By late next year, Tigerair will cease to exist as a Singapore carrier.
The airline is to be subsumed under the Scoot brand to make it less confusing for consumers. Tigerair first roared onto the scene in 2003.
The move is part of plans by Singapore Airlines, owner of both budget carriers, to claim a bigger share of the growing low-cost travel market.
The merger, which includes repainting Tigerair's planes in Scoot's colours and getting the necessary approvals from regulators in Singapore and other nations the airlines fly to, is expected to be completed in the second half of next year.
The decision to move to one brand comes less than six months after SIA announced in May that it had set up a new company - Budget Aviation Holdings - to own and operate both Tigerair and Scoot.
Before that, each airline had its own boss and office.
Coming together as one brand under a single operating licence makes sense, SIA's chief executive and chairman of the new entity, Mr Goh Choon Phong, said yesterday, a day after the group announced an almost 70 per cent dip in profits for the July to September quarter.
He said: "The integration (in May) has already led to commercial and operational synergies between Scoot and Tigerair that are providing growth opportunities for both airlines... Following a review, we have determined that the logical next step is to pursue a common operating licence and common brand identity to enable a more seamless travel experience for customers."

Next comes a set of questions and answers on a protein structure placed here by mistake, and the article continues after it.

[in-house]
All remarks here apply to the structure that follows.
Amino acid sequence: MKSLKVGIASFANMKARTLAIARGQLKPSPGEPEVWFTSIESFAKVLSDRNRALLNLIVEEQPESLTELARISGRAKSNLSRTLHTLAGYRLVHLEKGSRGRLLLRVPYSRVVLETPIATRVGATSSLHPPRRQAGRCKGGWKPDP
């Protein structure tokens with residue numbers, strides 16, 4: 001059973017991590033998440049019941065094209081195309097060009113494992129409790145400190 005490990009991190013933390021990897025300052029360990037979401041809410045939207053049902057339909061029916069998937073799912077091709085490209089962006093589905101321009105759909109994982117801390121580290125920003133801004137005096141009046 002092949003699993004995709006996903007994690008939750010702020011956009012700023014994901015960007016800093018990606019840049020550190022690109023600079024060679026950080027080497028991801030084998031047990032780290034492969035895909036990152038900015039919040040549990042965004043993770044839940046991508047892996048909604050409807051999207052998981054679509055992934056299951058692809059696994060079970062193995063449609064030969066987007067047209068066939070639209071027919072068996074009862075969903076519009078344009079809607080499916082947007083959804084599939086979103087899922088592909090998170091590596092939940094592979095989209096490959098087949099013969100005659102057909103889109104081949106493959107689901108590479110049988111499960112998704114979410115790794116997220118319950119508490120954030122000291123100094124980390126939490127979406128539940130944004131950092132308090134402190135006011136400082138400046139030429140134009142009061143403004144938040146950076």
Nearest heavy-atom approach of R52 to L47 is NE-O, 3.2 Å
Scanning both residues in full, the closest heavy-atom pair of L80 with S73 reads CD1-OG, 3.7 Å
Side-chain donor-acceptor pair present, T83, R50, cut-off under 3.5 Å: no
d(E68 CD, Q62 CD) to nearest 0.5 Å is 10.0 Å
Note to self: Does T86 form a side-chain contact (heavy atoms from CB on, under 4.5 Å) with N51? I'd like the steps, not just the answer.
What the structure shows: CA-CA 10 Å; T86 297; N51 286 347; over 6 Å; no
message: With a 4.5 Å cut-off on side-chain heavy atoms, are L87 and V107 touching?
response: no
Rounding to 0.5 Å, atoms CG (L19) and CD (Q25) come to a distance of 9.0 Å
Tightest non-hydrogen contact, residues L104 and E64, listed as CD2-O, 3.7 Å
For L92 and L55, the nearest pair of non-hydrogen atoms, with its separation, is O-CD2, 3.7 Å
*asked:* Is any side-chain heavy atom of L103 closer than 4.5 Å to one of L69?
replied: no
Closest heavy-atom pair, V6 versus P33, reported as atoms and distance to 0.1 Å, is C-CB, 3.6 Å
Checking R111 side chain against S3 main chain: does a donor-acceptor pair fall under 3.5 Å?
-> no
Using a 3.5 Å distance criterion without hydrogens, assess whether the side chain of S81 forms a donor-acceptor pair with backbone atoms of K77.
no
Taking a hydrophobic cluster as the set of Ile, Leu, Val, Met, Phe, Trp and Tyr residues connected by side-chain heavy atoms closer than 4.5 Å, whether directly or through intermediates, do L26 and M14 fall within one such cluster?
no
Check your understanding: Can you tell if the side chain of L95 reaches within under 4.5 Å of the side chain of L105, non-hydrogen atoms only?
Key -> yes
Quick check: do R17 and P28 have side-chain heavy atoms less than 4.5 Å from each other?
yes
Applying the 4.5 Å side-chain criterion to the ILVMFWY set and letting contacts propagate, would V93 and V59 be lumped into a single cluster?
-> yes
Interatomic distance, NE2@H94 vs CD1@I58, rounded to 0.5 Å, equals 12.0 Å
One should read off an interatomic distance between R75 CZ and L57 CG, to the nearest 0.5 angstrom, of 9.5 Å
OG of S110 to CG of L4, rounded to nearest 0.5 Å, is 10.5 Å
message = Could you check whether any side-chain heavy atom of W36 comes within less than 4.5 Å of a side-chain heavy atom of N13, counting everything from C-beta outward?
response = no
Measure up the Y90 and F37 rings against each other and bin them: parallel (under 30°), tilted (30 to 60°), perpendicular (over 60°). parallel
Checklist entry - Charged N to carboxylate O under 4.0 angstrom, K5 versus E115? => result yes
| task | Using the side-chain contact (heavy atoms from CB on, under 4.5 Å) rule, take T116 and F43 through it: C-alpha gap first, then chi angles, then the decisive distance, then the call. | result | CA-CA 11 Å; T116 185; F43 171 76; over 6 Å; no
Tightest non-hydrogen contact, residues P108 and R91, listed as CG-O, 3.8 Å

Mr Lee Lik Hsin, chief executive of the new company running Scoot and Tigerair, said: "A single brand is less confusing for consumers and more effective to build brand loyalty and affinity."
On the benefits expected, he said: "There's a limit as to what (economies of scale) can bring. On the revenue synergy side, however, I think it's fair to say we are a lot more optimistic about what we can get from a single brand."
An area of focus is to grow connecting traffic through Changi Airport between Scoot, which operates medium- and long-haul routes, and Tigerair which does shorter regional flights.
Even as the merger is under way, it is not clear what will happen to Tigerair Taiwan, in which Tigerair Singapore owns 10 per cent, and Tigerair Australia - a former subsidiary now fully owned by Virgin Australia Holdings.
Discussions are ongoing with the relevant parties, Mr Lee said.
Growing its foothold in the budget-travel segment is a key part of SIA's strategy amid a sluggish global economy which has hit the group's premium business in particular.
Aggressive competition from rival carriers and an increasing supply of seats, as airlines continue to add new aircraft, have forced SIA to offer heavy discounts on fares which have hit yields and profits.
The gloom in the global economy is not expected to "last forever" but SIA also has to deal with structural challenges, which include an increasingly competitive landscape which is unlikely to go away, Mr Goh said at a media briefing yesterday.
This is why SIA has taken steps in the past five to six years to grow the low-cost travel segment, develop partnerships with other carriers to expand its global network and improve its product offerings, among other initiatives, he added.
Maybank analyst Mohshin Aziz said at the briefing that more drastic steps - for example, a downsizing of the poor-performing premium business - are needed if SIA wants to tackle the challenges effectively.
Mr Brendan Sobie, a Centre for Aviation analyst, said it is too early to make judgments. "These are long-term initiatives so it is a bit premature to conclude whether or not they have worked. In fact, one could argue that if not for the steps taken in the last few years, the drop in profits would have been more severe."